Tuesday, May 11, 2021


I'm guessing this post will be shorter than the last one. Yay!

Continuing the discussion of languages in D&D, we move on to the subject of literacy which for game purposes I'm going to define as "the ability to communicate through writing." That's a little more than the literal definition of the term (which is simply the ability to read and write), but for purposes of a game rule/system I want to make sure I'm considering "practical application."

The history of writing is a long and interesting one that predates the invention of paper. Mainly, the need for a written form of communication seems to have been tied to the rise of administration/bureaucracy (which itself was only made possible by the advent of agrarian culture and large communities of people starting to congregate). This is a gross simplification (I am as much a hack academic as I am a hack writer), but it works well enough for where I'm going with this (plus I said I wanted this to be shorter!).

The main part of originating writing is the development of an alphabet: illustrative characters that can represent sounds, words, or whole concepts. The alphabet I use (that I'm typing in right now) is the Latin alphabet, first developed some 2700 years ago (though it wasn't the same then as it is today). Other alphabets developed other places. Some of these are still used today, many have fallen by the way (or been subsumed into others). 

The latin alphabet is used throughout most of the "western world," because of the reach of the old Roman Empire and its influence on the rise of western culture. Romans needed writing because they had a gigantic bureaucracy to administer. Prior to its fall, folks living within the empire (both citizens and non-) enjoyed a high level of literacy and writing seems to have been quite proliferate. After the disintegration of the Empire...and the loss of a cheap source of writing material (papyrus from Egypt), literacy fell drastically in western Europe, and would remain low for centuries.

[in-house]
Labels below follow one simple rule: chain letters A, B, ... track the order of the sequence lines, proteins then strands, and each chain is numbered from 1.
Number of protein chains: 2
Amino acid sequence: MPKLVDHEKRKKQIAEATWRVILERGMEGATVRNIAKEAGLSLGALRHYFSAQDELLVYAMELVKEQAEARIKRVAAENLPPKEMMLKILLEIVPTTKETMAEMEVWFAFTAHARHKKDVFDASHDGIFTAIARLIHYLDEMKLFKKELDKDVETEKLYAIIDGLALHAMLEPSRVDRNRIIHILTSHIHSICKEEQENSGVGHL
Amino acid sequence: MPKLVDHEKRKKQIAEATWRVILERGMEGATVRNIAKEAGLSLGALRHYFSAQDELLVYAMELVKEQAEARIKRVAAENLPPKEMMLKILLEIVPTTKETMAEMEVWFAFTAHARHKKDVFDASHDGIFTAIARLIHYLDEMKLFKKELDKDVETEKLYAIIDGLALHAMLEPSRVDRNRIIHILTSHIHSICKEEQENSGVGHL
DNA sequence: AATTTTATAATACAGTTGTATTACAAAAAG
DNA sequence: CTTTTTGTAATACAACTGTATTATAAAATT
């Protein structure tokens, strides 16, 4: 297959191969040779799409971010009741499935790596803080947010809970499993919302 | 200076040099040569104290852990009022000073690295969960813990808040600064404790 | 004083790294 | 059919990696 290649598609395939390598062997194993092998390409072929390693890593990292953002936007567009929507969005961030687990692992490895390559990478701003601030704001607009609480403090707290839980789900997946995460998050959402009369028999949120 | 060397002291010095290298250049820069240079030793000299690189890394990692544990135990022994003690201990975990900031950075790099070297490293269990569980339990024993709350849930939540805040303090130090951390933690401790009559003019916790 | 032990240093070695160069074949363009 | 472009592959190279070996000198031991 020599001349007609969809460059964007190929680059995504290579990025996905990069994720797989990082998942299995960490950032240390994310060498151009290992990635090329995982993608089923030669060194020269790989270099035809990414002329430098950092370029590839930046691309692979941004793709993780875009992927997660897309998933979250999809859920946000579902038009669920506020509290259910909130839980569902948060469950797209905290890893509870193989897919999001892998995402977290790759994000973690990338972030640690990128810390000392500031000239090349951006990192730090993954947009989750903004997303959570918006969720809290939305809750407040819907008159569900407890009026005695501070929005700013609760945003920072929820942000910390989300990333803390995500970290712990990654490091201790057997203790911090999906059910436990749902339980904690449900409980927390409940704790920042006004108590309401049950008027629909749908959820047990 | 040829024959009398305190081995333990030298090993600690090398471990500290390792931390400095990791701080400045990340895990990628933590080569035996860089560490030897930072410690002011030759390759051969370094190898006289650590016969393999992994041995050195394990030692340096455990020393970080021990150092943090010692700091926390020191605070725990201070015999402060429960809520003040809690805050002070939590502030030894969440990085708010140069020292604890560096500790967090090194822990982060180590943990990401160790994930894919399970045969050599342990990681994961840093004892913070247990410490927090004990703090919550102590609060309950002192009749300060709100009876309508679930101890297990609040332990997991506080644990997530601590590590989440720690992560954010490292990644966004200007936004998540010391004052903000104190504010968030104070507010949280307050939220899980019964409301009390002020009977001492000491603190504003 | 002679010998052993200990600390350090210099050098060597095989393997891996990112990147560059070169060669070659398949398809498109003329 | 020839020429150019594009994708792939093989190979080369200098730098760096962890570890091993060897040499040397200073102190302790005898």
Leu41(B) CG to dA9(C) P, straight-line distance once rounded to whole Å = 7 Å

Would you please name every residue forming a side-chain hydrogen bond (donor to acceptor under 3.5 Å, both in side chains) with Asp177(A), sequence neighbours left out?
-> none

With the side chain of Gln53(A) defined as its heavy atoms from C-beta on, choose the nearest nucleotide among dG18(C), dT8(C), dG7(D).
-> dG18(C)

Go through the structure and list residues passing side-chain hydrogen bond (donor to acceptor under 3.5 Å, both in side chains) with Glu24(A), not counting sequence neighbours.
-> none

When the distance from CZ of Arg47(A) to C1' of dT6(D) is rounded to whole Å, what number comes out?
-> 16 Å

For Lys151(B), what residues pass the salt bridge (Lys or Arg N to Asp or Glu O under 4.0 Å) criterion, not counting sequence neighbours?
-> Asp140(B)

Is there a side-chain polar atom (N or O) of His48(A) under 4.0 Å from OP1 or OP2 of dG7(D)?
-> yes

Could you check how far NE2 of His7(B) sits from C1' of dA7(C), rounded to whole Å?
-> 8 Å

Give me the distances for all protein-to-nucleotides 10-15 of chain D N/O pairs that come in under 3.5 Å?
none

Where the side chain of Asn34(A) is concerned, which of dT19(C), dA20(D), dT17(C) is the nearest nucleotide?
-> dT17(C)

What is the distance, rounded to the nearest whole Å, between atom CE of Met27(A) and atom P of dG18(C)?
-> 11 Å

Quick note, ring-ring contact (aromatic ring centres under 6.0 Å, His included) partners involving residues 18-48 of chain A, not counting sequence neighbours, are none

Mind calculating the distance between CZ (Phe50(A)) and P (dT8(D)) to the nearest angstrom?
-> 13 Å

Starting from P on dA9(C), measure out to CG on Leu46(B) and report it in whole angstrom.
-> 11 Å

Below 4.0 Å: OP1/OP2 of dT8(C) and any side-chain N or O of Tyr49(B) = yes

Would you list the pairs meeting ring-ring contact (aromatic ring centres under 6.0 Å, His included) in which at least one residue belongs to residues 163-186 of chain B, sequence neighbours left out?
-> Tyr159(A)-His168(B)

[one might ask which came first: loss of literacy or loss of governmental cohesion. They probably fed into each other in a death spiral of de-evolution]

Again...I am grossly simplifying because it's not my objective to write a long essay on the subject (lots of good sources on this stuff exists for interested folks). However, for purposes of world building...and then rule design...this gross simplification provides the foundational material I'm working with.

Does the Dungeons & Dragons world need literacy? That's not a terrible question to ask. Originally, the main things PCs were supposed to read included spell books, magic scrolls, and treasure maps (all of which I intend to discuss in a follow-up post). And other then scribing ones own scrolls, the only thing a character was presumed to need to write were hiring notices posted at taverns...and, of course, one could hand-wave even this, given the likely illiteracy of desirable hires (especially considering it's the exact same cost for simply "having servitors circulate in public places, seeking such persons"). 

Spells like read languages (from OD&D, book 1), magic items like a helm of reading magic and languages (from OD&D, book 2), and the thief's ability to read languages are all explicit to reading treasure maps:
Thieves of the 3rd level and above are able to read most (80%) languages, so treasure maps can be read and understood by them without recourse to a spell.

- Supplement I (Greyhawk), page 4
Reading doesn't otherwise appear to have been all that important (note the low level associated with both the spell and the thief ability) to the D&D game. As Alexis pointed out the other day, having written text for PCs to discover is generally just finding a different, novel way of delivering exposition to the players. And if that writing is in a language that they don't understand (or can't read), the only thing you're gaining is time; i.e. the DM is delaying the delivery of exposition to the PCs, which is only rarely useful.